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Recycled Plastics in Infrastructure: Current Practices, Understanding, and Opportunities (2023)

Chapter: 5 Impact of Policy and Regulation on the Use of Plastics Waste in Infrastructure in the United States

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Suggested Citation:"5 Impact of Policy and Regulation on the Use of Plastics Waste in Infrastructure in the United States." National Academies of Sciences, Engineering, and Medicine. 2023. Recycled Plastics in Infrastructure: Current Practices, Understanding, and Opportunities. Washington, DC: The National Academies Press. doi: 10.17226/27172.
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Suggested Citation:"5 Impact of Policy and Regulation on the Use of Plastics Waste in Infrastructure in the United States." National Academies of Sciences, Engineering, and Medicine. 2023. Recycled Plastics in Infrastructure: Current Practices, Understanding, and Opportunities. Washington, DC: The National Academies Press. doi: 10.17226/27172.
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Suggested Citation:"5 Impact of Policy and Regulation on the Use of Plastics Waste in Infrastructure in the United States." National Academies of Sciences, Engineering, and Medicine. 2023. Recycled Plastics in Infrastructure: Current Practices, Understanding, and Opportunities. Washington, DC: The National Academies Press. doi: 10.17226/27172.
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Suggested Citation:"5 Impact of Policy and Regulation on the Use of Plastics Waste in Infrastructure in the United States." National Academies of Sciences, Engineering, and Medicine. 2023. Recycled Plastics in Infrastructure: Current Practices, Understanding, and Opportunities. Washington, DC: The National Academies Press. doi: 10.17226/27172.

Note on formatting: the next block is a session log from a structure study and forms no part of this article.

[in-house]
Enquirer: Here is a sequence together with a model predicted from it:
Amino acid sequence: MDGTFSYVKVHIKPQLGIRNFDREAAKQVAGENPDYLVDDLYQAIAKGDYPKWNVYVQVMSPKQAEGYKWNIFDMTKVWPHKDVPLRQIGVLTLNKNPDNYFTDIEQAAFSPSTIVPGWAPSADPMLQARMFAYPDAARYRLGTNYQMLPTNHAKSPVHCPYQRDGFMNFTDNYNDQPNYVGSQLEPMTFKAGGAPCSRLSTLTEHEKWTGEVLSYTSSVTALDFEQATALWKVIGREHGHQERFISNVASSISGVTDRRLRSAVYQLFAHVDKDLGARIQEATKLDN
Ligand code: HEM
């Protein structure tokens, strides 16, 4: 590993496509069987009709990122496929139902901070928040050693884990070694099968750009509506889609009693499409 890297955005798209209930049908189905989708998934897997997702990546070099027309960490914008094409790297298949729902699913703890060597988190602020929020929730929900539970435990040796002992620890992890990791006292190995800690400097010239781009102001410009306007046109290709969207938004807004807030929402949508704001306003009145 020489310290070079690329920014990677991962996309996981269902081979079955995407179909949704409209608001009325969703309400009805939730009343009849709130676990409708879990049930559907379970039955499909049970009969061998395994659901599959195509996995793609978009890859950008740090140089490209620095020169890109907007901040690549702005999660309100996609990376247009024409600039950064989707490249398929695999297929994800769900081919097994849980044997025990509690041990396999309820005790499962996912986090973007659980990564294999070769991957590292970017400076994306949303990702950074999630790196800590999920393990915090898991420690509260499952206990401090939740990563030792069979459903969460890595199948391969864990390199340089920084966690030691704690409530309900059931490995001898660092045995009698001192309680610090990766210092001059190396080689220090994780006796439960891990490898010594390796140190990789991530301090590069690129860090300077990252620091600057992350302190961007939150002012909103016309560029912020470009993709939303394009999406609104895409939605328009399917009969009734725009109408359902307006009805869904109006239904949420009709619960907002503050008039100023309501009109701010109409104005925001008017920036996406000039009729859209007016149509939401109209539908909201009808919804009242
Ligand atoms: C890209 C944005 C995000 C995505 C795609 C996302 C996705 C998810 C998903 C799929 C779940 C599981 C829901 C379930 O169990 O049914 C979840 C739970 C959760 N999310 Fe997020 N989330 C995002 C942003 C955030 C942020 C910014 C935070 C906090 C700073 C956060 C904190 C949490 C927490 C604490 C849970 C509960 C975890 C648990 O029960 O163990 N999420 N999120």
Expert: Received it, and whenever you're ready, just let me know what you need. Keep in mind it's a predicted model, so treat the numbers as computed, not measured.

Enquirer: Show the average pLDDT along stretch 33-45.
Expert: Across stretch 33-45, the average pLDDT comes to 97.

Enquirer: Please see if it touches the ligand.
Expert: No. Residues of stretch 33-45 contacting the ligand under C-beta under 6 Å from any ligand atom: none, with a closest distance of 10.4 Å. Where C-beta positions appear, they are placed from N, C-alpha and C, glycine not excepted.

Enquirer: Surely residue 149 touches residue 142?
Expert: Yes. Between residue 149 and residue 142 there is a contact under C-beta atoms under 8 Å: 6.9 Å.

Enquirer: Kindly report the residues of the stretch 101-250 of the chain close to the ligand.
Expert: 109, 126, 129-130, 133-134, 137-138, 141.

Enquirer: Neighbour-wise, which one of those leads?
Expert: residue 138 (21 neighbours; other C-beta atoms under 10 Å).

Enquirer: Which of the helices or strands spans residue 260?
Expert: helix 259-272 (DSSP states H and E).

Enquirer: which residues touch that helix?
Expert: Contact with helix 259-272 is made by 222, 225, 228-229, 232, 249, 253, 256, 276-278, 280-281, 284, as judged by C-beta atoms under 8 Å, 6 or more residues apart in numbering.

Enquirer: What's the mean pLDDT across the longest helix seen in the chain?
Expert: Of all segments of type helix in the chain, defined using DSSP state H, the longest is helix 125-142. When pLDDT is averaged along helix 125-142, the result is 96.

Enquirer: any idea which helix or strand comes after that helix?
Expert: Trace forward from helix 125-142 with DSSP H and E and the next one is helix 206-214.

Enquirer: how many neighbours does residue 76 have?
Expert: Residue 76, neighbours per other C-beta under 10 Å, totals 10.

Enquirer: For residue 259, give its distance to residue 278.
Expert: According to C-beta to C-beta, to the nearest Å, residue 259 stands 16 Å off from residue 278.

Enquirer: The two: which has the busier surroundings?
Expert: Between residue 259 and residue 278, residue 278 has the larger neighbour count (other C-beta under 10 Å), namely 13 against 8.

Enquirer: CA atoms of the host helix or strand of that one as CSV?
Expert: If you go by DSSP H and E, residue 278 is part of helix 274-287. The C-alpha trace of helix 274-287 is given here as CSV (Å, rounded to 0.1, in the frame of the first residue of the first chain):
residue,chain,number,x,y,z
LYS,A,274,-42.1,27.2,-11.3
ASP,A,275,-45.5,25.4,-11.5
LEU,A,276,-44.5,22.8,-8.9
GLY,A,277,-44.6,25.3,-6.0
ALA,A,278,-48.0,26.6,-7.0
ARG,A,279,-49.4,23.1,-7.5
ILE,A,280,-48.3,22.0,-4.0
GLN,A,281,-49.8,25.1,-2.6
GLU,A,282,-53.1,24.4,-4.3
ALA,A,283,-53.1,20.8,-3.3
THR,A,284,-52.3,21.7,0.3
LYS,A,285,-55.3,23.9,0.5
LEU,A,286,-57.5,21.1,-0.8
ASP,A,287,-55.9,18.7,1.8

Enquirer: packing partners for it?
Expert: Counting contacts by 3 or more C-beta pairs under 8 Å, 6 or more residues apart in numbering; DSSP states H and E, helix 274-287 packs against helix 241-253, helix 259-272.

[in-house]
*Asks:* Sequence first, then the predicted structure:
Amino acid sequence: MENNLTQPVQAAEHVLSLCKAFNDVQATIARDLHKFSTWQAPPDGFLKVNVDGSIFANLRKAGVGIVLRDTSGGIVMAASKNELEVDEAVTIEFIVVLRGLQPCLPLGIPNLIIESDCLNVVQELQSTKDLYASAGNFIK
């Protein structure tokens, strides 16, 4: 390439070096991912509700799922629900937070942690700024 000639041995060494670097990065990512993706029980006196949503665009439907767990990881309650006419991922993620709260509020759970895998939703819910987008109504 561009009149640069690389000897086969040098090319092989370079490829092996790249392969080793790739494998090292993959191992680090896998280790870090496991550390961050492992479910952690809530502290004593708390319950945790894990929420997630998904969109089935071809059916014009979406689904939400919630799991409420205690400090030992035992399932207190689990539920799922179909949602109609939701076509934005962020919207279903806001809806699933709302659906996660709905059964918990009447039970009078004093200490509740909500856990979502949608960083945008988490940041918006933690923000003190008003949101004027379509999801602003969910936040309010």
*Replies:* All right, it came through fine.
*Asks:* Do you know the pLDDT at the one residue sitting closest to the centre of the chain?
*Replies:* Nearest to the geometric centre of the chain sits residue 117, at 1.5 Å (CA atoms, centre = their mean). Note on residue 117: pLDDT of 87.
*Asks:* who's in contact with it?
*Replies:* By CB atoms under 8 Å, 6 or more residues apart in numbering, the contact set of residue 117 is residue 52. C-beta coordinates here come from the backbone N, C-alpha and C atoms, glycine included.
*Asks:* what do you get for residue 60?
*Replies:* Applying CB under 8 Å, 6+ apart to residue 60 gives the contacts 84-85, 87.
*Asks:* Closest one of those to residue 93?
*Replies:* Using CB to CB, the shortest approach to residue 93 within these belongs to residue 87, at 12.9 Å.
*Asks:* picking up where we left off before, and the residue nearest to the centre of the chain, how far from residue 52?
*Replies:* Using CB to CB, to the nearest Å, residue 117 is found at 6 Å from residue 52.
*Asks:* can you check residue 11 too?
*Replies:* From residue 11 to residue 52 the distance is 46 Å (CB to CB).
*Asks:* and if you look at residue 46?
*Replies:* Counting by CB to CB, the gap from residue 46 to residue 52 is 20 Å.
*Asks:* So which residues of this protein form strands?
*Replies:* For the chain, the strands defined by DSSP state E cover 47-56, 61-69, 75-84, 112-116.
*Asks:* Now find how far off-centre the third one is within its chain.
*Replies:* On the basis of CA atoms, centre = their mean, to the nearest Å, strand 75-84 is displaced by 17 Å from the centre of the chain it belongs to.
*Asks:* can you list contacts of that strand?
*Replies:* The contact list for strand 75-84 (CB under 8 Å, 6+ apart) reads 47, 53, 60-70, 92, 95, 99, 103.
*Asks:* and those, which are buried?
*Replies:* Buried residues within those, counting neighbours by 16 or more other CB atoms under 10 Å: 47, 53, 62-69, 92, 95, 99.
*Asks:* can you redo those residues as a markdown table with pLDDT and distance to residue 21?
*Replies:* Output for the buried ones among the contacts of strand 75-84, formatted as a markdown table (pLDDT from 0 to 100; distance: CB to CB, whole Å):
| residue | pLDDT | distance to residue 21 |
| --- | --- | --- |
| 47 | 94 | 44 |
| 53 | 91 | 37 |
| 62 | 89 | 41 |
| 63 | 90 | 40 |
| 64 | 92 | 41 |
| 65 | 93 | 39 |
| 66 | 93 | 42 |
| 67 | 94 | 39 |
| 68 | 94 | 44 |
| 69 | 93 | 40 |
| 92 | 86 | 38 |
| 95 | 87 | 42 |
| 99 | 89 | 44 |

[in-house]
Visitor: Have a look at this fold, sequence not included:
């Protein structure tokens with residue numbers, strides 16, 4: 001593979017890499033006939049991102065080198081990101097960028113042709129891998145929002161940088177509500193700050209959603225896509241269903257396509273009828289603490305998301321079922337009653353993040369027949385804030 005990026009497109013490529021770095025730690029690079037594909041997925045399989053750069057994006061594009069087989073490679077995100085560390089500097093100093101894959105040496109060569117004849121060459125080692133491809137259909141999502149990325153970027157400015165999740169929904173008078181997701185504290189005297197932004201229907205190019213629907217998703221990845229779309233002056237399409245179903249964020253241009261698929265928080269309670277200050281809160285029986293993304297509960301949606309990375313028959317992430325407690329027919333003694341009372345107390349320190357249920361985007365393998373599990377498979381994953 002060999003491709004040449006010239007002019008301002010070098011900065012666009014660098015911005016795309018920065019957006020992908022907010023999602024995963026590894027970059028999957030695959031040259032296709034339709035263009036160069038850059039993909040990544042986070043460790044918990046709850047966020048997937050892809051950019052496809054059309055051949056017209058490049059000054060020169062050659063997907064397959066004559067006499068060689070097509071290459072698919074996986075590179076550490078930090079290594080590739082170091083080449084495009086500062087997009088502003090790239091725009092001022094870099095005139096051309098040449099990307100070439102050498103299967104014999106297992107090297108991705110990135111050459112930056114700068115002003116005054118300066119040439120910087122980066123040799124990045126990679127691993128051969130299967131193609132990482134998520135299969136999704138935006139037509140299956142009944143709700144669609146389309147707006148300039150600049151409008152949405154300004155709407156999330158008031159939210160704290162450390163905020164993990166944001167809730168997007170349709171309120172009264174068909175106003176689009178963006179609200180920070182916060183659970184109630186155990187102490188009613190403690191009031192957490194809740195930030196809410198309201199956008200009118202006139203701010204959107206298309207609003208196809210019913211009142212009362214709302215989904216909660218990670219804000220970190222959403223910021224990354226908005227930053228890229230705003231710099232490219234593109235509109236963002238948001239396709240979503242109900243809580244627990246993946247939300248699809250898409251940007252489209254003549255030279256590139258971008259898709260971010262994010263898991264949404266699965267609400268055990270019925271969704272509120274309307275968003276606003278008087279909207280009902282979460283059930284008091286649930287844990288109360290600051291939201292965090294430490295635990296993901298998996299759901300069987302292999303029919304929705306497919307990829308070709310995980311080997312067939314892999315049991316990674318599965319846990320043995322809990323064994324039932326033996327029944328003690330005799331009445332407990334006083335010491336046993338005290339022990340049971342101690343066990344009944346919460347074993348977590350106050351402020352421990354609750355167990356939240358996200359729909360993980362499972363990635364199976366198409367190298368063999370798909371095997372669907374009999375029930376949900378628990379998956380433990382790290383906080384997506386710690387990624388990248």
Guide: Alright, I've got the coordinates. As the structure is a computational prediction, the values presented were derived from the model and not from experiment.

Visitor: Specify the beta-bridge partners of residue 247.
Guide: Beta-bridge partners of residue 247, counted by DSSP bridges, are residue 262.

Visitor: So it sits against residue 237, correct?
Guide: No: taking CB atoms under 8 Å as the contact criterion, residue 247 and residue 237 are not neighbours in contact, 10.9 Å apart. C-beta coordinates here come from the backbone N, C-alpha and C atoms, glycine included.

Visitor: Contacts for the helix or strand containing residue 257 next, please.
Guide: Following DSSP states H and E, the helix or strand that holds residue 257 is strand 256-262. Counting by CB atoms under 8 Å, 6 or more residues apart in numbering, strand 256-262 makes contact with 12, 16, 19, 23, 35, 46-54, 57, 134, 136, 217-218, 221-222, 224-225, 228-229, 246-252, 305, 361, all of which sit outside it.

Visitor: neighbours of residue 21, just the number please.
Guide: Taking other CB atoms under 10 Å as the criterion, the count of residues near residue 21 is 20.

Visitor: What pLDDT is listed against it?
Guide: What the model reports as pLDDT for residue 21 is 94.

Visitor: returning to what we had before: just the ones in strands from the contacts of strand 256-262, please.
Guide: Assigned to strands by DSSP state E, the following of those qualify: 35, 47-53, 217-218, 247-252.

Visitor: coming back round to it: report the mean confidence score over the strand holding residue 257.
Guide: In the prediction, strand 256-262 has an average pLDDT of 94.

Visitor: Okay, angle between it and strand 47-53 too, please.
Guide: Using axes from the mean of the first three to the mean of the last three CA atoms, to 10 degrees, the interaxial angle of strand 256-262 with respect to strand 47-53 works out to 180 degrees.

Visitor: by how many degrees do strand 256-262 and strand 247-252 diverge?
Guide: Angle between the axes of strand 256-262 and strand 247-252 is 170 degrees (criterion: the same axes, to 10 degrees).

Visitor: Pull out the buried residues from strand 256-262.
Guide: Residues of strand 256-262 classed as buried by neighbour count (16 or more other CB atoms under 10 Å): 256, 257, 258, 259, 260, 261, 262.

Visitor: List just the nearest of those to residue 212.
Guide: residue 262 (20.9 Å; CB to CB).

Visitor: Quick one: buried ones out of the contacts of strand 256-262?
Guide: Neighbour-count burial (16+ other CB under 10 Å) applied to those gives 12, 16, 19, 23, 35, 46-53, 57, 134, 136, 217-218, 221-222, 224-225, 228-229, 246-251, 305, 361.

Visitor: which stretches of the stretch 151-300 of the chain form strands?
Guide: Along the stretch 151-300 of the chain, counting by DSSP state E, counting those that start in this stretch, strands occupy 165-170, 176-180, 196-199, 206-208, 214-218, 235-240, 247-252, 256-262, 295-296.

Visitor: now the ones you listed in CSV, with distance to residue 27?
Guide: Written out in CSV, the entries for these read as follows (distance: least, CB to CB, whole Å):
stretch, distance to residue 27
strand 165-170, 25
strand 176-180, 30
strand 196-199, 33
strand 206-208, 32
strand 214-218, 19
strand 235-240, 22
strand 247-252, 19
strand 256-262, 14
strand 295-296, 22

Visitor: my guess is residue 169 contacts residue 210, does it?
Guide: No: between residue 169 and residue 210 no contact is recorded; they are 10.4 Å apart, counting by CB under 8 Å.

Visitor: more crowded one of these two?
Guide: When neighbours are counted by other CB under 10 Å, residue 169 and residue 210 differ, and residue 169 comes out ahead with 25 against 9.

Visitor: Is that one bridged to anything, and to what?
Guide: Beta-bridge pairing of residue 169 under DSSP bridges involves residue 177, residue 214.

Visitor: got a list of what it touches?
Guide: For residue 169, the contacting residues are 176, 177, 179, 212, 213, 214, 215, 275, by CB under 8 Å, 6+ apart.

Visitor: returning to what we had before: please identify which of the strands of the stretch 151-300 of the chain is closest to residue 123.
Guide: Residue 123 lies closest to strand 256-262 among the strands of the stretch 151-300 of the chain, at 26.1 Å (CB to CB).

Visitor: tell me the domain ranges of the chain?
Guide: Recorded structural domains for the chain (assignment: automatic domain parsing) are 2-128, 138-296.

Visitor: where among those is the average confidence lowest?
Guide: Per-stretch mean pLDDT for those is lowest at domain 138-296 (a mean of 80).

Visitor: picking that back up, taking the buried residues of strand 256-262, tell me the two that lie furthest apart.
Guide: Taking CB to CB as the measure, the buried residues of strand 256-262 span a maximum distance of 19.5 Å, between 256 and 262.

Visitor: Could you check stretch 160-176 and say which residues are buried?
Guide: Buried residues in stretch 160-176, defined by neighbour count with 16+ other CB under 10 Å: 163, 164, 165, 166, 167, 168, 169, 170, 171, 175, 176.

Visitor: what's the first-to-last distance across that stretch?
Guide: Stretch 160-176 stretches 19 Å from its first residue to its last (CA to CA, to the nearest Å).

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Suggested Citation:"5 Impact of Policy and Regulation on the Use of Plastics Waste in Infrastructure in the United States." National Academies of Sciences, Engineering, and Medicine. 2023. Recycled Plastics in Infrastructure: Current Practices, Understanding, and Opportunities. Washington, DC: The National Academies Press. doi: 10.17226/27172.
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Suggested Citation:"5 Impact of Policy and Regulation on the Use of Plastics Waste in Infrastructure in the United States." National Academies of Sciences, Engineering, and Medicine. 2023. Recycled Plastics in Infrastructure: Current Practices, Understanding, and Opportunities. Washington, DC: The National Academies Press. doi: 10.17226/27172.
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Suggested Citation:"5 Impact of Policy and Regulation on the Use of Plastics Waste in Infrastructure in the United States." National Academies of Sciences, Engineering, and Medicine. 2023. Recycled Plastics in Infrastructure: Current Practices, Understanding, and Opportunities. Washington, DC: The National Academies Press. doi: 10.17226/27172.